Tag Archives: Milan Kundera

The Reviews That Escaped Me – July ’17

A little while ago I had the idea of reading the four most recent novels/novellas by Milan Kundera one after the other and reviewing them. Although I had read at least one of them before I wasn’t sure whether I had read the others or not. After the publication of Immortality in 1990, which is possibly my favourite of his novels, Kundera’s output dwindled significantly; his output in this period consisted of Slowness (La Lenteur) (1995), Identity (L’Identité) (1998), Ignorance (L’Ignorance) (2000), The Festival of Insignificance (La fête de l’insignifiance) (2014). Kundera was born in Czechoslovakia in 1929 but moved to France in 1975 and these post-Immortality books were all written in French rather than Czech. Of course as I read them in English translation it doesn’t really make much difference but it was interesting to notice that the style was still recognisably Kundera, the only difference with his older books was that they were shorter and his style was a bit more sparse.

So, I had intended to review each book separately but it’s now been over a month since I read them and I have to accept that I’m not going to do it, mainly because they’re starting to blur together in my mind and I usually find that I have to write a review soon after finishing the book or I lose the impetus to do so. Although shorter than his early works I still enjoyed reading them. As always Kundera analyses his characters’ motivations, thought processes, their conversations and interactions with other characters as well as highlighting any misunderstandings between them. All his characters analyse and philosophise about their lives and the world generally, which may annoy some readers, but I find that Kundera is not doing this for effect or as a gimmick but out of genuine inquisitiveness and playfulness as he places his characters in certain situations and wonders what will happen to them.

Instead of any reviews I thought I would share a few of my favourite quotes from the books.

There is a secret bond between slowness and memory, between speed and forgetting. Consider this utterly commonplace situation: a man is walking down the street. At a certain moment, he tries to recall something, but the recollection escapes him. Automatically, he slows down. Meanwhile, a person who wants to forget a disagreeable incident he has just lived through starts unconsciously to speed up his pace, as if he were trying to distance himself from a thing still too close to him in time.
—From Slowness

For love is by definition an unmerited gift; being loved without meriting it is the very proof of real love. If a woman tells me: I love you because you’re intelligent, because you’re decent, because you buy me gifts, because you don’t chase women, because you do the dishes, then I’m disappointed; such love seems a rather self-interested business. How much finer it is to hear: I’m crazy about you even though you’re neither intelligent nor decent, even though you’re a liar, an egotist, a bastard.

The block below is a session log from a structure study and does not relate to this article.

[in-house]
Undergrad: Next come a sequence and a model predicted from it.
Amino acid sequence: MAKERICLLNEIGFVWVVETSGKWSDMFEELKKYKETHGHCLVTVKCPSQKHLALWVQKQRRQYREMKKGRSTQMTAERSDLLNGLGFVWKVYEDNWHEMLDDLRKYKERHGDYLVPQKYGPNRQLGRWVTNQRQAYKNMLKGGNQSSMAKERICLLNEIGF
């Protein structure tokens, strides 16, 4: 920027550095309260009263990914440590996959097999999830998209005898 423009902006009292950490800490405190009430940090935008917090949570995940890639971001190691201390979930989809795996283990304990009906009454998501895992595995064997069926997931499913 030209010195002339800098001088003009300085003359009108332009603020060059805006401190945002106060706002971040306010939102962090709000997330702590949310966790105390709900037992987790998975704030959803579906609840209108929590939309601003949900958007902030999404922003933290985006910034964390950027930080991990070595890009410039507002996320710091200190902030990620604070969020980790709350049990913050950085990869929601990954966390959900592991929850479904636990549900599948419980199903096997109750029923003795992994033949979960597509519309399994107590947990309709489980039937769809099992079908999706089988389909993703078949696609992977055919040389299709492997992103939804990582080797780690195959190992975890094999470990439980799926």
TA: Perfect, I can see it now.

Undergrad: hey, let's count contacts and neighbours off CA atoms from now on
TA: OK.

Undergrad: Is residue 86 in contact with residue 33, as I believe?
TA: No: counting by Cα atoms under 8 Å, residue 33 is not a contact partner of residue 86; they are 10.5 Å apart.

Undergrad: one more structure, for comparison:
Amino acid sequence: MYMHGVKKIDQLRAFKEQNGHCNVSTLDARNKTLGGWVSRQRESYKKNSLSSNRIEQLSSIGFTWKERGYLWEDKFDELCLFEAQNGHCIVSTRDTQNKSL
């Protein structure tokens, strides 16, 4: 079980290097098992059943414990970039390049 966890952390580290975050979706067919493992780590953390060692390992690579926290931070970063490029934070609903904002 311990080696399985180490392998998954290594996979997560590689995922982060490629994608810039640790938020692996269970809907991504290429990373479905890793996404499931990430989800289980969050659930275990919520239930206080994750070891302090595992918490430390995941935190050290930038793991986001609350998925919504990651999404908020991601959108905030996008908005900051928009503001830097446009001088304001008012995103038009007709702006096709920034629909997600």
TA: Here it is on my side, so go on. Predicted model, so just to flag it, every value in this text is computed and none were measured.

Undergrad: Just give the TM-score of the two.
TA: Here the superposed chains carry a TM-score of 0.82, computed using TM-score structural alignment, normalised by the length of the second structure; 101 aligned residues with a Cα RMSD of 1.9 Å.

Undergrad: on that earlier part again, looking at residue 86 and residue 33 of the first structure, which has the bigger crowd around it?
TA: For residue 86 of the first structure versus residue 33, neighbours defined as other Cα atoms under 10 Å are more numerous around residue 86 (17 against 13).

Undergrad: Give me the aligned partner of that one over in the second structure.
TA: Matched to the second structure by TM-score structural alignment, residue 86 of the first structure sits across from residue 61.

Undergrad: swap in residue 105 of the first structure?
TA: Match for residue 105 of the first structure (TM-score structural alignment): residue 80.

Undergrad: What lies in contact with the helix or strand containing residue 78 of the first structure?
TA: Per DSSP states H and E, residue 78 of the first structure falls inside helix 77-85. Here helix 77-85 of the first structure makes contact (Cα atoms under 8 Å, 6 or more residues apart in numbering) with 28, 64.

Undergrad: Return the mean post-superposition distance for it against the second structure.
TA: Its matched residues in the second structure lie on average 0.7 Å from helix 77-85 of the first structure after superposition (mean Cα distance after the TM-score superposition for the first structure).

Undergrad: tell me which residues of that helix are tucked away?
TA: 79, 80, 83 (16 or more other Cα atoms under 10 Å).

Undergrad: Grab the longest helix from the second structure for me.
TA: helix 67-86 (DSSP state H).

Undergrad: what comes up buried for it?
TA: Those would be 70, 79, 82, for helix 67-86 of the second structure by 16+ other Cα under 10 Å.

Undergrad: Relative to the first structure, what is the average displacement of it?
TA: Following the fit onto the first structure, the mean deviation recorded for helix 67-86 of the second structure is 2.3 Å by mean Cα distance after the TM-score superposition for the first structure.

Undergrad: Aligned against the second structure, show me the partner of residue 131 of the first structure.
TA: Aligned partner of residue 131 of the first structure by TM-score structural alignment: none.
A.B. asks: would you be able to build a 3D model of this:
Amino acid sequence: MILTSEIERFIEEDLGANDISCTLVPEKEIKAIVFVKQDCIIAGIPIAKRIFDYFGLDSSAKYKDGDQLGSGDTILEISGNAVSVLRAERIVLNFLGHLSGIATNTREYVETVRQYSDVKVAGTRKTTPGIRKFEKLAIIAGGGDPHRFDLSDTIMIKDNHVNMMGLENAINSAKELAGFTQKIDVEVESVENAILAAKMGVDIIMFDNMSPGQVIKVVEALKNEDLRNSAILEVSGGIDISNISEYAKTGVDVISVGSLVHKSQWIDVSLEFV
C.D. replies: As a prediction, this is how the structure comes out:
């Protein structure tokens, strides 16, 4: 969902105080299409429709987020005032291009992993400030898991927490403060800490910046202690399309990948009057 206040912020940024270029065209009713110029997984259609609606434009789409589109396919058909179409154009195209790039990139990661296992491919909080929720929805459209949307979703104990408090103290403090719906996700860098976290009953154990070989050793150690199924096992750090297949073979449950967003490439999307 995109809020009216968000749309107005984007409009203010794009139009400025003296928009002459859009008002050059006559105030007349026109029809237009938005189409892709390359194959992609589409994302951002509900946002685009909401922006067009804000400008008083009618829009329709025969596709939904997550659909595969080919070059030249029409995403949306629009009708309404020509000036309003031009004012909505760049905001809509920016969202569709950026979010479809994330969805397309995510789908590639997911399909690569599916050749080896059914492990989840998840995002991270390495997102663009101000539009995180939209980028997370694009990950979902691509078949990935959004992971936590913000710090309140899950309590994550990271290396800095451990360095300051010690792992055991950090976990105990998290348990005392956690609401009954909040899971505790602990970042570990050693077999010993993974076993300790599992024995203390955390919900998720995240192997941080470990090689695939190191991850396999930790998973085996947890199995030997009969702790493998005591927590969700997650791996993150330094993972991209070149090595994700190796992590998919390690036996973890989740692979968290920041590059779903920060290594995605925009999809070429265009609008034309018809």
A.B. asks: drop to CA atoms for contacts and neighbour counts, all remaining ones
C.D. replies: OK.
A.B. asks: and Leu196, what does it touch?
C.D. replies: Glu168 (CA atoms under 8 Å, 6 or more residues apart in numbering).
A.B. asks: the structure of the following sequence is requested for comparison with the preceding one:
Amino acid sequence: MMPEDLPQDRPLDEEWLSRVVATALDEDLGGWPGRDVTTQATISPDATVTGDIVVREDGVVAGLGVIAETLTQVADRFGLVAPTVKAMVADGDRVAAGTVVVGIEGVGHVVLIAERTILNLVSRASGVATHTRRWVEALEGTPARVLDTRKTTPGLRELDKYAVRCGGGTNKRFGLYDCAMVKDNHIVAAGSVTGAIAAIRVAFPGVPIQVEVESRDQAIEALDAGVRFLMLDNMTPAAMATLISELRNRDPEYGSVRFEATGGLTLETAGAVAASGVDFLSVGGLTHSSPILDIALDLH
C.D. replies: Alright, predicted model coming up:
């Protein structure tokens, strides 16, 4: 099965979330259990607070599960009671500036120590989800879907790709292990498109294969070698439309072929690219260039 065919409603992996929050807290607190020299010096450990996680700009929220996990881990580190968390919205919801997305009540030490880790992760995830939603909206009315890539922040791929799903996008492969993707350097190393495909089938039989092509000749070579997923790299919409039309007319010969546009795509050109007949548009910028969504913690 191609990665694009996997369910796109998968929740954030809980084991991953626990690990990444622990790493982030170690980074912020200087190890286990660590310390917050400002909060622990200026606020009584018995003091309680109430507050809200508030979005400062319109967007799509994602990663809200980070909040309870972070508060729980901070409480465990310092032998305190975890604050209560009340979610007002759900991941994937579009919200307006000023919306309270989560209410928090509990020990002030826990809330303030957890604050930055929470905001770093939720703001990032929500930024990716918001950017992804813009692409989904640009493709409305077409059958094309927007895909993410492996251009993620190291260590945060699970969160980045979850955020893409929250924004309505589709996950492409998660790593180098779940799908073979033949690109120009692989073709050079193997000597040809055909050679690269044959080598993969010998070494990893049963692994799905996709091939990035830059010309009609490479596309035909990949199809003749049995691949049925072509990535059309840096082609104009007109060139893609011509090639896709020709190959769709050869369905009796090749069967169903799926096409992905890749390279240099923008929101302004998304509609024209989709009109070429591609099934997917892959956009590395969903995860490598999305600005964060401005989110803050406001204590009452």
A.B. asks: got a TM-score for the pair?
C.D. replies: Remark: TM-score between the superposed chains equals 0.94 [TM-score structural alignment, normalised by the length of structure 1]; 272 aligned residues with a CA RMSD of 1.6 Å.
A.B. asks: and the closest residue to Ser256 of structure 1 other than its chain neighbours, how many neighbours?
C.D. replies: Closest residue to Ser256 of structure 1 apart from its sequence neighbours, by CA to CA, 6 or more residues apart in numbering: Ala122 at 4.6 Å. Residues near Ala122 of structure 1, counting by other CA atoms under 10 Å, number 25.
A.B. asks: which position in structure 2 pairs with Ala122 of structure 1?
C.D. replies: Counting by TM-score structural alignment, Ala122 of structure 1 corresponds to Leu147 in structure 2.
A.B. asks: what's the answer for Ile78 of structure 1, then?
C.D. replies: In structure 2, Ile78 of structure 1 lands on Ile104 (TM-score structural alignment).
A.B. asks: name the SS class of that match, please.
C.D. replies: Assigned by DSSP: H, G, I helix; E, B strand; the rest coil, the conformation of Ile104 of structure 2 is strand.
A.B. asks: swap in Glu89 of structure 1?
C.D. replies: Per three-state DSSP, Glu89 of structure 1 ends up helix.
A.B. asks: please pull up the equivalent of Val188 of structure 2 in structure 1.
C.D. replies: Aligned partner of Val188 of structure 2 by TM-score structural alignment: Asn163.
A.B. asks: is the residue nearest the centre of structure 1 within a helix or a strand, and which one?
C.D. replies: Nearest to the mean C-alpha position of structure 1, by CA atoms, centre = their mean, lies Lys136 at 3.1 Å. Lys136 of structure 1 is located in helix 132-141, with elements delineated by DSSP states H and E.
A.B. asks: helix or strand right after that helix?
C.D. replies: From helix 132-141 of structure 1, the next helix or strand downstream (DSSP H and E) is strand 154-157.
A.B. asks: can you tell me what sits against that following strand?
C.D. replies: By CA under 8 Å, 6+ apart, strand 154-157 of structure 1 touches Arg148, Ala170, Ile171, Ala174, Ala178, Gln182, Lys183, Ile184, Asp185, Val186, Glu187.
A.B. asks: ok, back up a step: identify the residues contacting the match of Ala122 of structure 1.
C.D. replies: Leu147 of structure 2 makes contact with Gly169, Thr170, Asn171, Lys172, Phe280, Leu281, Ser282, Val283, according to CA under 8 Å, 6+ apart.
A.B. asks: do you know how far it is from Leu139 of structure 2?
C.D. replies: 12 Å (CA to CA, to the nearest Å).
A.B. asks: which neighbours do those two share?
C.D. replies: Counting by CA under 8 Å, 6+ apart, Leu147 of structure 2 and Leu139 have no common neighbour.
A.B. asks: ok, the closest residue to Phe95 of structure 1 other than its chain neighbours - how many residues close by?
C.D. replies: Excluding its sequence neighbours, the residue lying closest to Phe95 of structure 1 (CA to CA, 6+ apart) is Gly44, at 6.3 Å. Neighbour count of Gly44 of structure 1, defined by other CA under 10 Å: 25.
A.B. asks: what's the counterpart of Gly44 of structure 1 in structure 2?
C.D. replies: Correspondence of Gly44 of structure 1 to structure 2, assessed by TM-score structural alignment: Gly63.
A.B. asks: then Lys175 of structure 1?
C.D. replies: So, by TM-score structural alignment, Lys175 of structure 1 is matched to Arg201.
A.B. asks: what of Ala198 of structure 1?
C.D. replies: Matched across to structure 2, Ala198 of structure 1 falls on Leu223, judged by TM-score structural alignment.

—From Slowness

Remembering our past, carrying it around with us always, may be the necessary requirement for maintaining, as they say, the wholeness of the self. To ensure that the self doesn’t shrink, to see that it holds on to its volume, memories have to be watered like potted flowers, and the watering calls for regular contact with the witnesses of the past, that is to say, with friends. They are our mirror; our memory; we ask nothing of them but that they polish the mirror from time to time so we can look at ourselves in it.
—From Identity

To die; to decide to die; that’s much easier for an adolescent than for an adult. What? Doesn’t death strip an adolescent of a far larger portion of future? Certainly it does, but for a young person, the future is a remote, abstract, unreal thing he doesn’t really believe in.
—From Ignorance

Overall, Slowness was my favourite of the four and is comparable to his other works. There was a scenario near the end of the book where all the characters were brought together into a scene by the side of a pool in a hotel; we know a little bit about each character but the characters themselves know nothing of each other and their actions are quite confusing for each to comprehend. Kundera even brings together two characters from different time periods, the eighteenth and twentieth century, to highlight how modern life forces us to experience pleasures differently than in the past.